State Transportation Projects and the Federal Highway Trust Fund

By Justin Fisk, Washington, D.C., Office
Congress voted last week to approve a three-month extension of spending authority for federal surface transportation programs that also replenishes the Highway Trust Fund through mid-December with an $8 billion cash infusion.
Despite averting a July 31 deadline after which the U.S. Department of Transportation had said it would stop authorizing payments to states for work on transportation projects, lawmakers failed to come up with a longer-term solution before the start of their August recess. Further negotiations will have to be postponed until the fall, leaving states in the same uncertain position they’ve been in for much of the past six years.
The lack of long-term transportation legislation has been preventing states and contractors from planning infrastructure projects that can take months and even years to complete. Already, states have canceled or postponed projects worth millions of dollars.
The Highway Trust Fund is a major source of funds for infrastructure in America. Though state departments of transportation administer most infrastructure projects within their state, the federal government helps fund these projects through the Highway Trust Fund.
The highway fund receives money primarily from the federal fuel tax, which has remained at 18.34 cents on gasoline and 24.4 cents on diesel since 1993. Due to increased fuel efficiency in vehicles and inflation, the fund has been facing a financial shortfall for years.
Since 2009, Congress has passed more than 30 short-term funding measures. Approval of the latest three-month extension followed House passage of a five-month measure and Senate passage of a six-year measure known as the DRIVE Act. Senate Majority Leader Mitch McConnell of Kentucky—who had been pushing for the long-term legislation, which he negotiated with Democratic U.S. Sen. Barbara Boxer of California—declined to consider the five-month patch. A two-month bill also was nixed. Senate leaders hope the three-month extension will allow the House enough time to consider, and possibly pass, the long-term legislation.
Without a long-term fix, the Congressional Budget Office estimates that the Highway Trust Fund will face a deficit exceeding $120 billion over the course of 10 years.
There are many ideas about how to fix the trust fund floating through the halls of Congress. One proposal, advocated by President Obama, would impose a one-time tax of 14 percent on companies’ overseas profits, estimated to bring in about $2 trillion. Republican leadership has been open to this as long as it is part of a comprehensive tax reform plan.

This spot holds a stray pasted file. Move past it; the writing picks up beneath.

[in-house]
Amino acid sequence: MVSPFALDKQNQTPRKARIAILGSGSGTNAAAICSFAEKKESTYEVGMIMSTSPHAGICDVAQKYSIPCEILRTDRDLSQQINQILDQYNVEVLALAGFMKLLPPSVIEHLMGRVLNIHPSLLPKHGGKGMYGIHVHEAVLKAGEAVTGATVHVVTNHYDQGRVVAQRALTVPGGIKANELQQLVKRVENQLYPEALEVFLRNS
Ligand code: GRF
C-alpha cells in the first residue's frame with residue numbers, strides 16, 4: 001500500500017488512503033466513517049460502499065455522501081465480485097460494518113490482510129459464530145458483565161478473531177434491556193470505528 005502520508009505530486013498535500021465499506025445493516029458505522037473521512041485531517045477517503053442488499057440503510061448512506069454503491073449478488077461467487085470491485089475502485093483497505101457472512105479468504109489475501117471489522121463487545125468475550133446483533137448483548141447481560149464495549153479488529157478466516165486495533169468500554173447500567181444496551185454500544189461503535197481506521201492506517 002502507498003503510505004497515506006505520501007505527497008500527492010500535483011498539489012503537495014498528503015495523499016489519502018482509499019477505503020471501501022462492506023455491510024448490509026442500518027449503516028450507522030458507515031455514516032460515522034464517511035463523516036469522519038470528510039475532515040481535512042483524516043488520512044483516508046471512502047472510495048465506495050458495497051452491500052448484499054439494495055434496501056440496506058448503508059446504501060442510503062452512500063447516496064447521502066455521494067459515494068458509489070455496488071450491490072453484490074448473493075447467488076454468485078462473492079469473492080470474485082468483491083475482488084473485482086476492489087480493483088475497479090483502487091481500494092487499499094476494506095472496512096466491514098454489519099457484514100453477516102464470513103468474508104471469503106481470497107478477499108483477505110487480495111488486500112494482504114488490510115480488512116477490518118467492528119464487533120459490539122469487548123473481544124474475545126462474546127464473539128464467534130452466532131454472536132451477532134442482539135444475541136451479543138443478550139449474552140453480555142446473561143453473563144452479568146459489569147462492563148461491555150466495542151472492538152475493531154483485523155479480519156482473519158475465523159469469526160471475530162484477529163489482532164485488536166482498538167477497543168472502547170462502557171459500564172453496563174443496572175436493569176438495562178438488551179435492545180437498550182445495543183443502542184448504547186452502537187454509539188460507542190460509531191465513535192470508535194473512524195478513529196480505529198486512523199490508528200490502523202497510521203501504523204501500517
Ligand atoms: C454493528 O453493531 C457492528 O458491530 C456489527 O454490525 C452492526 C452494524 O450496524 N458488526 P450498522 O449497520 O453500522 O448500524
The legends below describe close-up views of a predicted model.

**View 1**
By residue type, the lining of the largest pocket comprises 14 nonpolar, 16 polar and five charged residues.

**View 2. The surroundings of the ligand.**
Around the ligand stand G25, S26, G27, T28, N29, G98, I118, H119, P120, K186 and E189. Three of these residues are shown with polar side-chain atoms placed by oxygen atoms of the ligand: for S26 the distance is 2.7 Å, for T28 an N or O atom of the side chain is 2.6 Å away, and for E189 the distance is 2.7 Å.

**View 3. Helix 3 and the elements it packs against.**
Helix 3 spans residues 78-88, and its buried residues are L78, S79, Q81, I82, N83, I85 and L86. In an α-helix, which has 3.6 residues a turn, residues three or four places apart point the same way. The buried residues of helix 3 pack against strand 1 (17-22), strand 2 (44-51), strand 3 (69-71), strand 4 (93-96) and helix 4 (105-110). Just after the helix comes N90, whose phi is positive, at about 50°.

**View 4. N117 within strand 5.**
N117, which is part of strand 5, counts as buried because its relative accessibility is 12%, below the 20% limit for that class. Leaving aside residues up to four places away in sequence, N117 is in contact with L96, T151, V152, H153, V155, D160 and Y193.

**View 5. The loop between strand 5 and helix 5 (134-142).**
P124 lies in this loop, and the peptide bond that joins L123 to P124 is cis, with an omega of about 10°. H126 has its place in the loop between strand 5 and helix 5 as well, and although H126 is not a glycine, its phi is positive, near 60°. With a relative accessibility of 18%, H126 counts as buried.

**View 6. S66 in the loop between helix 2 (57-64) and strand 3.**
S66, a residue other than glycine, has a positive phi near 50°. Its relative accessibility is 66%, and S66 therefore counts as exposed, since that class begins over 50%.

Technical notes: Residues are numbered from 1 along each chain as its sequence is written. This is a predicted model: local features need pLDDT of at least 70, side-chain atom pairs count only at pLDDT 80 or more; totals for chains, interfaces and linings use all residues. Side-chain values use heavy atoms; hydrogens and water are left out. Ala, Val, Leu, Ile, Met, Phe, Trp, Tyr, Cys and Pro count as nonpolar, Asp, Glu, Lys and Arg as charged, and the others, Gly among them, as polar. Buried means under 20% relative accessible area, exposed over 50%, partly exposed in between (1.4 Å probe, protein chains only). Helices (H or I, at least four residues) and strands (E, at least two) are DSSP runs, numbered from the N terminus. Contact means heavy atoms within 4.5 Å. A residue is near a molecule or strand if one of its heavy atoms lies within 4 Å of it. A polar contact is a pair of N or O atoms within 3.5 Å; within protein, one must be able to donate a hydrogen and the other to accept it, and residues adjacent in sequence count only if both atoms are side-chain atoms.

Another proposal is to raise the gas tax, while indexing the new rate to inflation. Republican Sen. Bob Corker of Tennessee and Democratic Sen. Chris Murphy of Connecticut have proposed raising the gas tax by 12 cents, phased in over a two-year period. But there appears to be little support on either side of the aisle for raising taxes and the Senate’s DRIVE Act would rely mostly on transfers from the general fund made possible by a variety of budget offsets, including controversial tax tweaks unrelated to transportation.
Without a long-term solution, states will continue canceling or postponing infrastructure projects. According to the Arkansas State Highway and Transportation Department, federal uncertainty forced state officials to withdraw 75 construction projects scheduled for bid openings this year worth more than $335 million.
 
“If you stop and think about the economic impact this has—not only on construction jobs, but the lost commerce that results in each local area because construction isn’t taking place—then you begin to understand the trickle-down effect and the urgency of solving this national problem,” said Scott Bennett, director of the Arkansas State Highway and Transportation Department. “The reality is that over $160 million has not found its way into our state’s economy this year.”
Tennessee was the first state to announce last fall that they would delay projects in 2015 to the tune of $400 million.
In Kentucky, the state has designated 79 bridges needing replacements and about 25 projects that would rebuild, relocate or widen roadways. Juva Barber, president of Kentuckians for Better Transportation is urging Congress to pass long-term funding for the Highway Trust Fund as “preparation for construction begins months in advance of construction itself.”
 Congress will be on August recess for the next several weeks. When they return , they’ll have a short time either to develop and pass a long-term solution or at least to further extend the life of what many states continue to see as an essential contributor to transportation funding—the Highway Trust Fund.
 
 

 

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